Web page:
When I was a kid we did handwriting practice with a Berol Handwriting pen. If you’re going to use a rollerball it’s not such a bad choice. I was always led to believe that fountain pens were difficult to use; that they involved some kind of mad skill. The other thing that I heard about fountain pens was that they improve your handwriting. So when I first picked up a fountain pen when I was about 11, I was surprised to discover that I had no problems using it at all, and in fact it was rather lovely to write with. I was also saddened to discover that it made no difference whatsoever to my handwriting. Writing does look better in fountain pen than in biro, because the ink is nicer to look at, but that’s it.
I’m saying this because I still run into both of these myths today. Some people do find fountain pens difficult, of course. Particularly after years of using ballpoints, which you have to press down on, it feels weird and tricky to put a pen on paper with no pressure at all. You also have to hold ballpoints relatively upright whereas fountain pens like a broader angle. But in general, most (but not all) people could use fountain pens if they wanted to.
Fast forward to today, and I have become The Lady With The Handwriting. This is a bit weird because I sort of inhabit two entirely separate spheres here. In the pen nerd world, my handwriting is not really all that impressive. It’s not sufficiently consistent and it’s a little bit over-ornamented. It’s not shamefully bad, but there are others among us who are much, much better at penmanship than I am.
In the wider world, people stop what they’re doing, stare, gape, look at me, look back at the envelope I’ve just given them, call in a marching band, release 1,000 white doves and order a 21 pen salute (no guns, please, we’re British). I suspect that this has more to do with my handwriting looking unusual than looking particularly beautiful. It is hella swirly to a non pen person. It looks particularly odd when I’m flexy and I know it. I sort of understand that, although the attention I get for it sometimes feels a little bit uncomfortable. If all of this sounds like one big humblebrag, I can assure you that it isn’t. I have actually worked quite hard to improve my handwriting, but I’m being completely honest about how bewildered I am by the reactions to it.
I work in a university where my penmanship has taken on a life of its own. Considerably more people are familiar with my handwriting than my face. This makes for some awkward conversations. “You sent me something in the internal post once. You’re the lady with the handwriting!” says someone who doesn’t know my name. Then of course there’s the fact that I have a certain glug of prosopagnosia in my neural cocktail – that’s face blindness in plain speak. I am very bad with faces. I often don’t recognise people I’ve spent a lot of time with. Half of my life is spent cagily pretending that I know someone who clearly knows me. I probably do know them, but just looking at their face is giving me nothing. So do I know this person who knows my handwriting, or do they just love my swirly S, or what? It’s a particularly intense time for these interactions, because I am having to send out documents to a lot of different people around campus. I shove them into handwritten envelopes and it begins again.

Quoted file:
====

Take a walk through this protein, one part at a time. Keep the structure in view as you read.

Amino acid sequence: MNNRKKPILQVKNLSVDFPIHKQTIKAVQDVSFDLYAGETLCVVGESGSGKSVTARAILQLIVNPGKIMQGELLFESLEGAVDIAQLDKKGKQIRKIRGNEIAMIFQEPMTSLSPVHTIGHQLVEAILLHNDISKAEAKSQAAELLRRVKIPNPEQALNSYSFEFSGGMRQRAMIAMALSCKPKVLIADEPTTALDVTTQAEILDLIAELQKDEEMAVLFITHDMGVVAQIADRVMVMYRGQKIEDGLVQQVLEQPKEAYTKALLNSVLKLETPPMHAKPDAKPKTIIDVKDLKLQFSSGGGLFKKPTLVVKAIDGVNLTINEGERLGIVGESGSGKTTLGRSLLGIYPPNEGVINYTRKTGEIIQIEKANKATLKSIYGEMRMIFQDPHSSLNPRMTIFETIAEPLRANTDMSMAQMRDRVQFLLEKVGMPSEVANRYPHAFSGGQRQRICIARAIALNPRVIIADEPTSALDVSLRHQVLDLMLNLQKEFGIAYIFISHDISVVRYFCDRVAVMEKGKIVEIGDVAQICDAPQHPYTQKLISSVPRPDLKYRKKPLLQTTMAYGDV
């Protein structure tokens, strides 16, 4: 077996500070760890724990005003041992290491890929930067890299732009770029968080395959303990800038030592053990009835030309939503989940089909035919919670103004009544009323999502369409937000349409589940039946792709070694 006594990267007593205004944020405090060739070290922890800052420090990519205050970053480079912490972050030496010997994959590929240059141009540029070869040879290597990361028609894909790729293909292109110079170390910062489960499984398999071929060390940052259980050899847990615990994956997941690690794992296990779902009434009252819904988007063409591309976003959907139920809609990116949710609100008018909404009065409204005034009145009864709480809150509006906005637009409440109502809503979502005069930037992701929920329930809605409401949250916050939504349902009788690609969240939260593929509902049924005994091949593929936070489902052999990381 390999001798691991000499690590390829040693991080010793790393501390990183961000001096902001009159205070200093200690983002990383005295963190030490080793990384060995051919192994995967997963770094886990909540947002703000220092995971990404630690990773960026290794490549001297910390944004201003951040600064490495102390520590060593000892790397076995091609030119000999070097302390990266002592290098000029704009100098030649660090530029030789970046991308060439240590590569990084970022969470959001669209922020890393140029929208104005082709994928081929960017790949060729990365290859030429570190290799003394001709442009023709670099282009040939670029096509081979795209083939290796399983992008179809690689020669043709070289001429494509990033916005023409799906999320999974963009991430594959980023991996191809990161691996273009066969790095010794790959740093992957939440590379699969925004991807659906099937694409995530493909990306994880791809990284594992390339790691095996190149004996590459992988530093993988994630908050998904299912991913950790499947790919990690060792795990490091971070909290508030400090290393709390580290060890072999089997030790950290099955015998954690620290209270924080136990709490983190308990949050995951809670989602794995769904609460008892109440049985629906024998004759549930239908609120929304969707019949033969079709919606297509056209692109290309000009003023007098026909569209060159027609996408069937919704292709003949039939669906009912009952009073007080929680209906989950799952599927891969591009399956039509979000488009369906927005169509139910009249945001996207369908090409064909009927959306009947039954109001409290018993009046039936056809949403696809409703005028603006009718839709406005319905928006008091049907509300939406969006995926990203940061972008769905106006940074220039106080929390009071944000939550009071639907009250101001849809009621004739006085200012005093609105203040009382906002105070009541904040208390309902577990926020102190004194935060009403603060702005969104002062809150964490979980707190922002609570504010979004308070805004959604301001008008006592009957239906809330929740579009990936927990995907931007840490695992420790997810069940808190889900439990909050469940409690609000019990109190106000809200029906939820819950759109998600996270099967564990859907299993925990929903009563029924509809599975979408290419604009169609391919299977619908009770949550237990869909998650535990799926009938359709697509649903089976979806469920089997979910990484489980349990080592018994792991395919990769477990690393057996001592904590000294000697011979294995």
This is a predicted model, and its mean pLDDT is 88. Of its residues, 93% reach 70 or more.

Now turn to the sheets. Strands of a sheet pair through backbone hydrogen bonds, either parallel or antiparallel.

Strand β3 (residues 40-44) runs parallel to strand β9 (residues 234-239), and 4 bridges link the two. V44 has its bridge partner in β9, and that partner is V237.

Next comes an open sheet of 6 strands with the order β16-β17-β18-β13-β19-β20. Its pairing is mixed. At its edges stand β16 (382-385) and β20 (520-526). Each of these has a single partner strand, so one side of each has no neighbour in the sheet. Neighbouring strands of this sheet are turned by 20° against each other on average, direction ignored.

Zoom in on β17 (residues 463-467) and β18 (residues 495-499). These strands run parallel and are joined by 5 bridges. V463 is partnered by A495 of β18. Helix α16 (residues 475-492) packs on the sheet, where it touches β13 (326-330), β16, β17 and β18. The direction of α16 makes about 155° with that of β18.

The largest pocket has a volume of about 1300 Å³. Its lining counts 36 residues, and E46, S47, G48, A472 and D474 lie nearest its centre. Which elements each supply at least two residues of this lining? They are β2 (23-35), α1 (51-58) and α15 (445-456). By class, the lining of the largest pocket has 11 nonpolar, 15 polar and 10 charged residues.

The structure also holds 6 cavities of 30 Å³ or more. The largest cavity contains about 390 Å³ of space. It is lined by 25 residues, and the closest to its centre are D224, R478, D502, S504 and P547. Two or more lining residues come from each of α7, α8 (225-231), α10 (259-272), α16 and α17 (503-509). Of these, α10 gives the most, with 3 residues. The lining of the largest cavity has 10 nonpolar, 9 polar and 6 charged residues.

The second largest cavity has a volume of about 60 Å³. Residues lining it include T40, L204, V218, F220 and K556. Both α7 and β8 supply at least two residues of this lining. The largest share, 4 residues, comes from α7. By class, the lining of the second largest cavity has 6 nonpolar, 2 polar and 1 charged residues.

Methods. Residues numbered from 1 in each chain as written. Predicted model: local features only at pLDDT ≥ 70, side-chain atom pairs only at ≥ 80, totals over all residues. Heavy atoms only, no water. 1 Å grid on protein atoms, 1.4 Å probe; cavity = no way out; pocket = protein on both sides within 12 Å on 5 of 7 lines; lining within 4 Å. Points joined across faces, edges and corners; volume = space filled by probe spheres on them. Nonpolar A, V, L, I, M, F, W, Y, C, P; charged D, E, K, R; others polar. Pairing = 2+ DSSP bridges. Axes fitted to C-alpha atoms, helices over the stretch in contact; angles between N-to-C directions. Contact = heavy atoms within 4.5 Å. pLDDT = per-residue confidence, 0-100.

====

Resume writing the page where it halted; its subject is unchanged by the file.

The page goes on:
But then what they often say is “I wish I had handwriting like that!” to which the obvious response is basically “well, why don’t you?” I don’t say that, usually. I mutter something about being a pen nerd.
But on some level, I do kind of mean it. If you have poor fine motor control, you may never have particularly lovely handwriting. If you have normal fine motor control, you can change your handwriting just by: deciding you want to change it, deciding what you want it to look like, and then making an effort to form your letters as close to the forms you’ve picked as you can. It’s not witchcraft; it’s procedural memory, which can often be underrated. It is basically repetition of the same movement over and over until it just becomes the thing you do, because you’ve given your dorsolateral striatum a thorough workout. It takes commitment to doing things the same way, and it takes time. It’s the pen nerd equivalent of learning to play the piano.
Here’s an illustration for you. When I first got my hands on Pelly the Nelikan in 2016, I decided that I wanted to be worthy of her magnificence. I set out to improve my handwriting. My script isn’t taken from a calligraphy book or anything. I looked at different forms of letters and picked out the ones I liked and then just tried to do those letters, over and over. And over the course of a couple of years this happened:
And now, yes, this is basically how I write all the time. I prefer to write on Seyes-ruled paper because it’s really good for improving consistency (yes I realise that none of these samples are on it). I may move on to proper calligraphy paper and try that. It evolves. What will it look like next year?